As I wrote in this column two weeks ago, the proposed Ontario legislation would not protect an innocent buyer one who unknowingly buys a house from a fraudster, even if he or she moves into the property.

I've had a number of emails in recent weeks complaining about my concern for the innocent buyer. "When I buy a stolen car," one reader wrote, "and the police come knocking at my door, I will automatically lose the car and I, and/or the bank that advanced my car loan, will be on the hook."

Another reader wrote, "I know of no other situation where stolen property legally ceases to be the property of the rightful owner."

The readers make good points, but the difference here is that the government maintains a guaranteed title registry for real estate, but not for cars or coin collections.

When a house title is stolen the government has a fund to compensate the injured party. There is no fund for other stolen property, and no government ownership guarantee either.

When it comes to stolen real estate titles, it's ultimately a policy decision for the Ontario government to make: Who will get hurt, the innocent owner or the innocent purchaser?

B.C. has already moved in one direction, with the support of the province's legal community. Ontario is heading in the exact opposite direction.

Unfortunately, there is simply no correct answer or easy solution. Whichever way Ontario moves will be right for some stakeholders, and wrong for others.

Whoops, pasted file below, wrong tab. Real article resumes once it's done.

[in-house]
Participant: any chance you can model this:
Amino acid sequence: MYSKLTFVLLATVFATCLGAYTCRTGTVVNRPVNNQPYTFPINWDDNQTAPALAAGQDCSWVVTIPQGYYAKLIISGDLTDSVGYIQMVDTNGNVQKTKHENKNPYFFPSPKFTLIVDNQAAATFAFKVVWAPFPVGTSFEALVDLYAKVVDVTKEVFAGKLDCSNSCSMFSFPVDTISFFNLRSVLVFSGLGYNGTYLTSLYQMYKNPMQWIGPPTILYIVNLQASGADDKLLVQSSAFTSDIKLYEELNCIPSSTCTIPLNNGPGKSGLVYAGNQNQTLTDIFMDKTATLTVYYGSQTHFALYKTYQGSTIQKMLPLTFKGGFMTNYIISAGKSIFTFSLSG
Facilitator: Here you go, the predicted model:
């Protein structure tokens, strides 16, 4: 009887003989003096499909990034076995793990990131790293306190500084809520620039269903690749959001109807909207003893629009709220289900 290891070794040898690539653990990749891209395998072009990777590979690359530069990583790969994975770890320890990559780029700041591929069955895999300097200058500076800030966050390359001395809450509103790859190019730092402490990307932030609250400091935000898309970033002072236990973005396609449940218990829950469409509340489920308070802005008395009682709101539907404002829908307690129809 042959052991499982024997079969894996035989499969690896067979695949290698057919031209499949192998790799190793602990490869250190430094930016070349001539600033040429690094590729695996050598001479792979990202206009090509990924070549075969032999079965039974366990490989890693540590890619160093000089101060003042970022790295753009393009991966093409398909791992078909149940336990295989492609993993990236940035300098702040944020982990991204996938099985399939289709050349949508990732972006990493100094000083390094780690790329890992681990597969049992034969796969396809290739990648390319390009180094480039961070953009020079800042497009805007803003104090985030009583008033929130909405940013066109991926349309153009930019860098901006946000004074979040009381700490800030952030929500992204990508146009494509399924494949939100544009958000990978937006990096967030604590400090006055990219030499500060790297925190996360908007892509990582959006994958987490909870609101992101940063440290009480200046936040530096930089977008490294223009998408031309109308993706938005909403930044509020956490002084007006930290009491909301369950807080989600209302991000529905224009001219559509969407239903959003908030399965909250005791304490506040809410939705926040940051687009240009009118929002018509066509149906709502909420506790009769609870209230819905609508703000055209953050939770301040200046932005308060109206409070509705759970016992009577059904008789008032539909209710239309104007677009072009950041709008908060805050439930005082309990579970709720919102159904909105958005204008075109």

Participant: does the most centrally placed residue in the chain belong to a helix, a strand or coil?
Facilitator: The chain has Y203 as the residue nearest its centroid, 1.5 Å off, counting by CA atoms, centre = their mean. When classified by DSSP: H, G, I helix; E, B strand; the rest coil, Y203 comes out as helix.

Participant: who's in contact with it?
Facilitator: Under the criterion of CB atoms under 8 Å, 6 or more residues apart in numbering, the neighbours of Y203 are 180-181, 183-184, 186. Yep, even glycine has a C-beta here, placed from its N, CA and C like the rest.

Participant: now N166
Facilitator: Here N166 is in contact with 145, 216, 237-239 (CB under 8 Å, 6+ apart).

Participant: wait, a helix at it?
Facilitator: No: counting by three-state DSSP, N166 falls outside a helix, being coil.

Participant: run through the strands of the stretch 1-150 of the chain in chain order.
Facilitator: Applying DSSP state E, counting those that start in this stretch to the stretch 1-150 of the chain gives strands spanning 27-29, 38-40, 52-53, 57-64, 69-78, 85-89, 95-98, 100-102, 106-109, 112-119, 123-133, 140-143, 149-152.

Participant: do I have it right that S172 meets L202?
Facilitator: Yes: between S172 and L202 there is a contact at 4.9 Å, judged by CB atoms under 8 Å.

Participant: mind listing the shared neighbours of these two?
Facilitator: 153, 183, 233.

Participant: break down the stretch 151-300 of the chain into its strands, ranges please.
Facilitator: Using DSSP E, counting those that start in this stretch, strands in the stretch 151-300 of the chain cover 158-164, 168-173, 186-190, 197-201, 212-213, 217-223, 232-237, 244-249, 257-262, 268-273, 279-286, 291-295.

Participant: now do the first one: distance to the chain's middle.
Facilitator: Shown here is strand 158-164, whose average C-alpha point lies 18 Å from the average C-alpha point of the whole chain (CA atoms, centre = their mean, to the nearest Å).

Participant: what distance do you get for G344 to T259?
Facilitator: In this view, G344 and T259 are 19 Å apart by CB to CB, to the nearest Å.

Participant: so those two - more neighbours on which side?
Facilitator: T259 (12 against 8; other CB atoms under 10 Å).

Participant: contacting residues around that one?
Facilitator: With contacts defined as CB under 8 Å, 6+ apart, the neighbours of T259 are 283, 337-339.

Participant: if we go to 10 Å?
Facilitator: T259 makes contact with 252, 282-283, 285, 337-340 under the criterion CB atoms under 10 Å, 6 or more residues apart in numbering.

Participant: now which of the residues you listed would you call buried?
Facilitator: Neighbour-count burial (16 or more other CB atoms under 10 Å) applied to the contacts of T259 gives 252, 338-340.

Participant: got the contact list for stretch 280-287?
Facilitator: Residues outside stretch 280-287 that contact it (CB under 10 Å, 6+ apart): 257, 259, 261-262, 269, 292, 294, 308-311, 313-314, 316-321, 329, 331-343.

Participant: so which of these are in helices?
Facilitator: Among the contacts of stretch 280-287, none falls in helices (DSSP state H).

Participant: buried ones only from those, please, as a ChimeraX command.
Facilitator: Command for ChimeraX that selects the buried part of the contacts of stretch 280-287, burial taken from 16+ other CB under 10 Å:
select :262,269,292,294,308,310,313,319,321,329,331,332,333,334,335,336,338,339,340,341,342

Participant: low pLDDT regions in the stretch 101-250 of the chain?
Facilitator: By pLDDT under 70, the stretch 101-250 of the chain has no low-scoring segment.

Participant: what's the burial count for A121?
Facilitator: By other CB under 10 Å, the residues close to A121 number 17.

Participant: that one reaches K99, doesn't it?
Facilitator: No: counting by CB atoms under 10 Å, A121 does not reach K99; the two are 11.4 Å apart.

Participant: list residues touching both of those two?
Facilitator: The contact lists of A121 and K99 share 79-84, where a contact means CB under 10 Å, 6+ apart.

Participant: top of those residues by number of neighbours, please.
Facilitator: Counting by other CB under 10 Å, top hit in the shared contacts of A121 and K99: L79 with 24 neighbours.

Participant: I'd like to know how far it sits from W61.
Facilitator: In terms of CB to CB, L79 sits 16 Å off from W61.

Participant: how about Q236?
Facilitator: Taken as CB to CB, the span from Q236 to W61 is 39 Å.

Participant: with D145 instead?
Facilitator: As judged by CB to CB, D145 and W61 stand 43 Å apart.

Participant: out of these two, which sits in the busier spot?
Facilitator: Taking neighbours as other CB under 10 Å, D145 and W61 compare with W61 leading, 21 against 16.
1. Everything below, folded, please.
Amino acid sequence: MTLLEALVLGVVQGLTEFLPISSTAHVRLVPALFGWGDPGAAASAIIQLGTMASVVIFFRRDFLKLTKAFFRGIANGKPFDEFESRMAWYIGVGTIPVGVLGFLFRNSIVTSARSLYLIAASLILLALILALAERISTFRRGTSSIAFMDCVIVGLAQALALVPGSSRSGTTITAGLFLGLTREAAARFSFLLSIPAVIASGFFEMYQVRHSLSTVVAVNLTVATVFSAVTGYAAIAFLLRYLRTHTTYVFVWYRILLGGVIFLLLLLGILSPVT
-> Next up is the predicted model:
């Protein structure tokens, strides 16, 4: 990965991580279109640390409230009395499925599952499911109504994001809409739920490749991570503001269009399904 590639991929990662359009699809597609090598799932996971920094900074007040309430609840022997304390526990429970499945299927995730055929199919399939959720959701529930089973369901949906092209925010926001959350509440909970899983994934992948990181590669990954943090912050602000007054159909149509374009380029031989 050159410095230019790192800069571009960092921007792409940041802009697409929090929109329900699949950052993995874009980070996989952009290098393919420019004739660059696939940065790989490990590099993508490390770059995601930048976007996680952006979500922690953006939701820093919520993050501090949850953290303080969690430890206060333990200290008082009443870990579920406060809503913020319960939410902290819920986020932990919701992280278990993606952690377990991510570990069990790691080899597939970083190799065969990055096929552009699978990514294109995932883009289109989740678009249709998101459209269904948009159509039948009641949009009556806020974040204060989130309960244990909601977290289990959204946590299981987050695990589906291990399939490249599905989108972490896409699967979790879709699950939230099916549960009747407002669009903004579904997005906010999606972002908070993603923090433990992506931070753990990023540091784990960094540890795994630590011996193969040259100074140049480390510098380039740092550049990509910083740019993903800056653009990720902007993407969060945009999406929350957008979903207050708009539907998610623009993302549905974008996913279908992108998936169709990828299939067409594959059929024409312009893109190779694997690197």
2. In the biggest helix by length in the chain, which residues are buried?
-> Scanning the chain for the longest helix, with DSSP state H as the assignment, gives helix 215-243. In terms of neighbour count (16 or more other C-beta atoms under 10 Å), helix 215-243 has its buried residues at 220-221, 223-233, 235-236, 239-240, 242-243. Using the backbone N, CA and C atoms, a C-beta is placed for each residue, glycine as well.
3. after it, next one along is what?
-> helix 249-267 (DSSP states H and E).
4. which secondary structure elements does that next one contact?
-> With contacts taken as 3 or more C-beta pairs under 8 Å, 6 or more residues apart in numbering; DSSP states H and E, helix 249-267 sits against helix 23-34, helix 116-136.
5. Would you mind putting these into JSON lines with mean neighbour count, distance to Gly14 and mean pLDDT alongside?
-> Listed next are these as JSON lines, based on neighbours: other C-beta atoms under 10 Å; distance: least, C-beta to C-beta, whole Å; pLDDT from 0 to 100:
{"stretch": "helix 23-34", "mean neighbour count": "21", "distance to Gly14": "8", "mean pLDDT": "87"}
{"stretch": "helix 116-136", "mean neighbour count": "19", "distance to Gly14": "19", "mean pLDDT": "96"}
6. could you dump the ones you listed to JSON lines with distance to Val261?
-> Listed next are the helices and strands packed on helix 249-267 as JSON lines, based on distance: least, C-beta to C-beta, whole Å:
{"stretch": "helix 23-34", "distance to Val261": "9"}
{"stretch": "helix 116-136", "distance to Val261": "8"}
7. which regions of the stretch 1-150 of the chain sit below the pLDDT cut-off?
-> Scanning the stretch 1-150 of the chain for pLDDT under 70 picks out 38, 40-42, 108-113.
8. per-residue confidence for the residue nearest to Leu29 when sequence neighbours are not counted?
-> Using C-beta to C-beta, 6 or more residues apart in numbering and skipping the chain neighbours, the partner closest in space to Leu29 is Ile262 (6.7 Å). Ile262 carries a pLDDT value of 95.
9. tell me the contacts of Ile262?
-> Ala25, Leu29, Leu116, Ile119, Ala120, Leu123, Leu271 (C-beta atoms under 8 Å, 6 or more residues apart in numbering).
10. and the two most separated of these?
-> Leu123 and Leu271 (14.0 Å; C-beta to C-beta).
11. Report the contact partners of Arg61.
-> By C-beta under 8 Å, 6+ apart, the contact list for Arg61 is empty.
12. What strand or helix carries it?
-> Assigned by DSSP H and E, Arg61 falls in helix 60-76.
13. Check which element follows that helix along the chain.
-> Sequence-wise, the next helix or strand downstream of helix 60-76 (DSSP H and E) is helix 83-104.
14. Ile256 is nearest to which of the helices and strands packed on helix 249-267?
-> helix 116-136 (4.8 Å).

Bob Aaron is a Toronto real estate lawyer. He can be reached by email at bob@aaron.ca, phone 416-364-9366 or fax 416-364-3818. Visit the column archives at http://www.aaron.ca.

  ++++++++++++++++++++++++++++++++++++++++++++++++++++++++++++++++++++++++

 

Law Society of British Columbia Benchers' Bulletin November - December 2005
http://www.lawsociety.bc.ca/publications_forms/bulletin/2005/05-12-10_realestate.html.

Assurance Fund now offers greater protection to BC home buyers

Recent amendments to the Land Title Act provide greater certainty to BC home buyers who, through no fault of their own, become entangled in a fraudulent transfer. Although fraudulent land transactions are rare, section 25.1 of the Land Title Act now creates immediate certainty of land title for a person who has acquired a fee simple interest in a property in good faith and for valuable consideration although, unknown to that person, the transaction involved a forged transfer.